Like most SaaS companies, brand management and social media management platform Mention struggled with churn as it scaled from hundreds of users to hundreds of thousands of users.

The team at Mention set a specific goal of reducing churn by 20% within three months. It ended up smashing that goal and cutting its churn 22% in only one month by improving customer support, prioritizing paying users over freemium, and nurturing trial users more effectively.

Step #2: Get to know your churn

Before testing specific tactics, understand what, exactly, you’re dealing with. Start by collecting all your data—both quantitative and qualitative—in one place.

On the quantitative side, you can use tools like ProfitWell Metrics to track sales data or Segment to track product utilization. On the qualitative side, mine customer service interactions for recurring problems, and try reaching out to customers directly to ask what’s wrong.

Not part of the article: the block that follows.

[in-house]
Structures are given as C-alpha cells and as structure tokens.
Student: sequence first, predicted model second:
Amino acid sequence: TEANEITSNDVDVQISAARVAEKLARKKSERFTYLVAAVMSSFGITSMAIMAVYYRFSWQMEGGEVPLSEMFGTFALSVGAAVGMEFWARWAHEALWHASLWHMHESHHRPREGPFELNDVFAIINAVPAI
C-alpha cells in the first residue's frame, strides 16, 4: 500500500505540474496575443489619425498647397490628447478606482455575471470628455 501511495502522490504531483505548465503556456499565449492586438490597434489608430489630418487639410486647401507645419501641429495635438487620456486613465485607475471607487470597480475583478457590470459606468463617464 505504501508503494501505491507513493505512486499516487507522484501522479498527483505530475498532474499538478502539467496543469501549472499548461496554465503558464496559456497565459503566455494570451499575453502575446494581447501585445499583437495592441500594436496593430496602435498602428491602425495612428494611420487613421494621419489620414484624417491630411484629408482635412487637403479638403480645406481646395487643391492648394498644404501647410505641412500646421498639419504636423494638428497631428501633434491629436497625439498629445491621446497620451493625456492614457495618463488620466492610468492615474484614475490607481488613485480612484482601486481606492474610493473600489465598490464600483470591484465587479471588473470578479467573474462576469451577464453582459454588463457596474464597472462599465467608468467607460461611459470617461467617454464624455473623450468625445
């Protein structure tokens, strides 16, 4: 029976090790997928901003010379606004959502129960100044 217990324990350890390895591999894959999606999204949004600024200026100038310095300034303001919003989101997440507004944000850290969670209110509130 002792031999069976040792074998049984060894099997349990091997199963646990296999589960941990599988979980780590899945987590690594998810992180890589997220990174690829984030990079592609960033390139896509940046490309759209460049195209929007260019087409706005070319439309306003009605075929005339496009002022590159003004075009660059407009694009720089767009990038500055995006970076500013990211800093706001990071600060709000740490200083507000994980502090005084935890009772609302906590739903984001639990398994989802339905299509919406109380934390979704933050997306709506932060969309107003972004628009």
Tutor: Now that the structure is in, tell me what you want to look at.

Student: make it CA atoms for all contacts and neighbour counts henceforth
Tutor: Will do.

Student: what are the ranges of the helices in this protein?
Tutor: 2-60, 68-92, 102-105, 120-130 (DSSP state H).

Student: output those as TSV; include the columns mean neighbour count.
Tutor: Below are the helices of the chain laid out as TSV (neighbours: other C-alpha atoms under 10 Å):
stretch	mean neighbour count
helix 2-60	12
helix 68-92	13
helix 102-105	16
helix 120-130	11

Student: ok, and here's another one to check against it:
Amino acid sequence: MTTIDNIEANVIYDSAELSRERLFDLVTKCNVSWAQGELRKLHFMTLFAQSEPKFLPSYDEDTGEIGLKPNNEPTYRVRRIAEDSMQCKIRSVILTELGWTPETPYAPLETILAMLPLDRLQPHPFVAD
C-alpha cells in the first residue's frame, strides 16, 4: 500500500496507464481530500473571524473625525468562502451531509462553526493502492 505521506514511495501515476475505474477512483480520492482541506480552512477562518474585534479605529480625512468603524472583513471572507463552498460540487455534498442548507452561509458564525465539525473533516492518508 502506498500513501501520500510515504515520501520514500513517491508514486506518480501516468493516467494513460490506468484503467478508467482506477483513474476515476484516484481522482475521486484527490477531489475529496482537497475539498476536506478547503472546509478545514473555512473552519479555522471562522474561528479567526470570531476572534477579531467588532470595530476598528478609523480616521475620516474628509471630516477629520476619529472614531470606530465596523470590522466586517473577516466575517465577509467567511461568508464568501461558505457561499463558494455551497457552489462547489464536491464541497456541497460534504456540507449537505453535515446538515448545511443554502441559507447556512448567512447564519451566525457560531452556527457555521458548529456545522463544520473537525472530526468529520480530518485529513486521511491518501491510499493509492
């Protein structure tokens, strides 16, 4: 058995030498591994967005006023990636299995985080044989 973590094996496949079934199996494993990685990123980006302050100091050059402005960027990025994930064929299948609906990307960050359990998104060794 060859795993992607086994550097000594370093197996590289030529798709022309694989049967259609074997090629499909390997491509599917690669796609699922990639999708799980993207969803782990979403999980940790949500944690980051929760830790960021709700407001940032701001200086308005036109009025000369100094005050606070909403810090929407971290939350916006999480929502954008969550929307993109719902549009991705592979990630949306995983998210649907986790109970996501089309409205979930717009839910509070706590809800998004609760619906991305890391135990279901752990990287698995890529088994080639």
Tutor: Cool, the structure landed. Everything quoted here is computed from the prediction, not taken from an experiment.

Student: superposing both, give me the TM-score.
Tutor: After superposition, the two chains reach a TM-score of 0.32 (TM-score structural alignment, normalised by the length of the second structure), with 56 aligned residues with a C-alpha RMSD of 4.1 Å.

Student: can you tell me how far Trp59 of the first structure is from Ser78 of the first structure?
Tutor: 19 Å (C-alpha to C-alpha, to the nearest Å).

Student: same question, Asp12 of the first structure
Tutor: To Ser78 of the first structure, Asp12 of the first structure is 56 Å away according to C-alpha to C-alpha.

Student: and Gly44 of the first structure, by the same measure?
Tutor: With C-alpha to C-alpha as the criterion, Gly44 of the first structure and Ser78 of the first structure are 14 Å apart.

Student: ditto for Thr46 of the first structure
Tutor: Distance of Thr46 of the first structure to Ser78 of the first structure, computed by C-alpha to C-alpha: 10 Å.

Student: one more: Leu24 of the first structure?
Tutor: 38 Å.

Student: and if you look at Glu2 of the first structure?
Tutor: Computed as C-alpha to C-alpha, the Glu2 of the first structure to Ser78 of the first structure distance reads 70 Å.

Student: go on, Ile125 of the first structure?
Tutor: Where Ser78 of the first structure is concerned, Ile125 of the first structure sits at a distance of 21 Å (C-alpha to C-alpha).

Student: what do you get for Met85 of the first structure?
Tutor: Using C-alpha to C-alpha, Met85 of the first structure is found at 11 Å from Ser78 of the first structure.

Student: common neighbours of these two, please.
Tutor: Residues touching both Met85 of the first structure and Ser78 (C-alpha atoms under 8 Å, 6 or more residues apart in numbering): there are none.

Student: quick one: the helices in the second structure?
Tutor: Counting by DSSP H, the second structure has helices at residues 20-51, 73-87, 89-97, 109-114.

Of course, data on its own isn’t helpful. Without a clear understanding of what the data’s telling you, you’re not likely to succeed. For example, growth in a higher-churn customer segment could be mistaken for increased churn overall, which would prompt you to fix a non-existent churn problem.

To combat this, make sure you break the data down even further. Try segmenting your customer data by:

  • Time period: Is most of your churn coming from long-term customers or from new users?
  • Customer segment: Are churning users on high-cost or low-end plans?
  • Seasonality: Are people more likely to churn at the end of the year?

Your end goal should be to build a model of your churn that you can use to predict who’s going to cancel when.

Step #3: Look for red flags

Most customer churn doesn’t happen out of nowhere. In most cases, users are unhappy with your product long before they decide to cancel, so there are always a few signs or behaviors that customers exhibit right before churning.

Lindy Tolbert calls these “red flag metrics” in her article for ConversionXL:

Any company’s goal to reduce churn should be to get ahead of the loss by identifying their leading indicators, or ‘red flags.’ These metrics identify when a customer is about to stop their usage, before they actually do.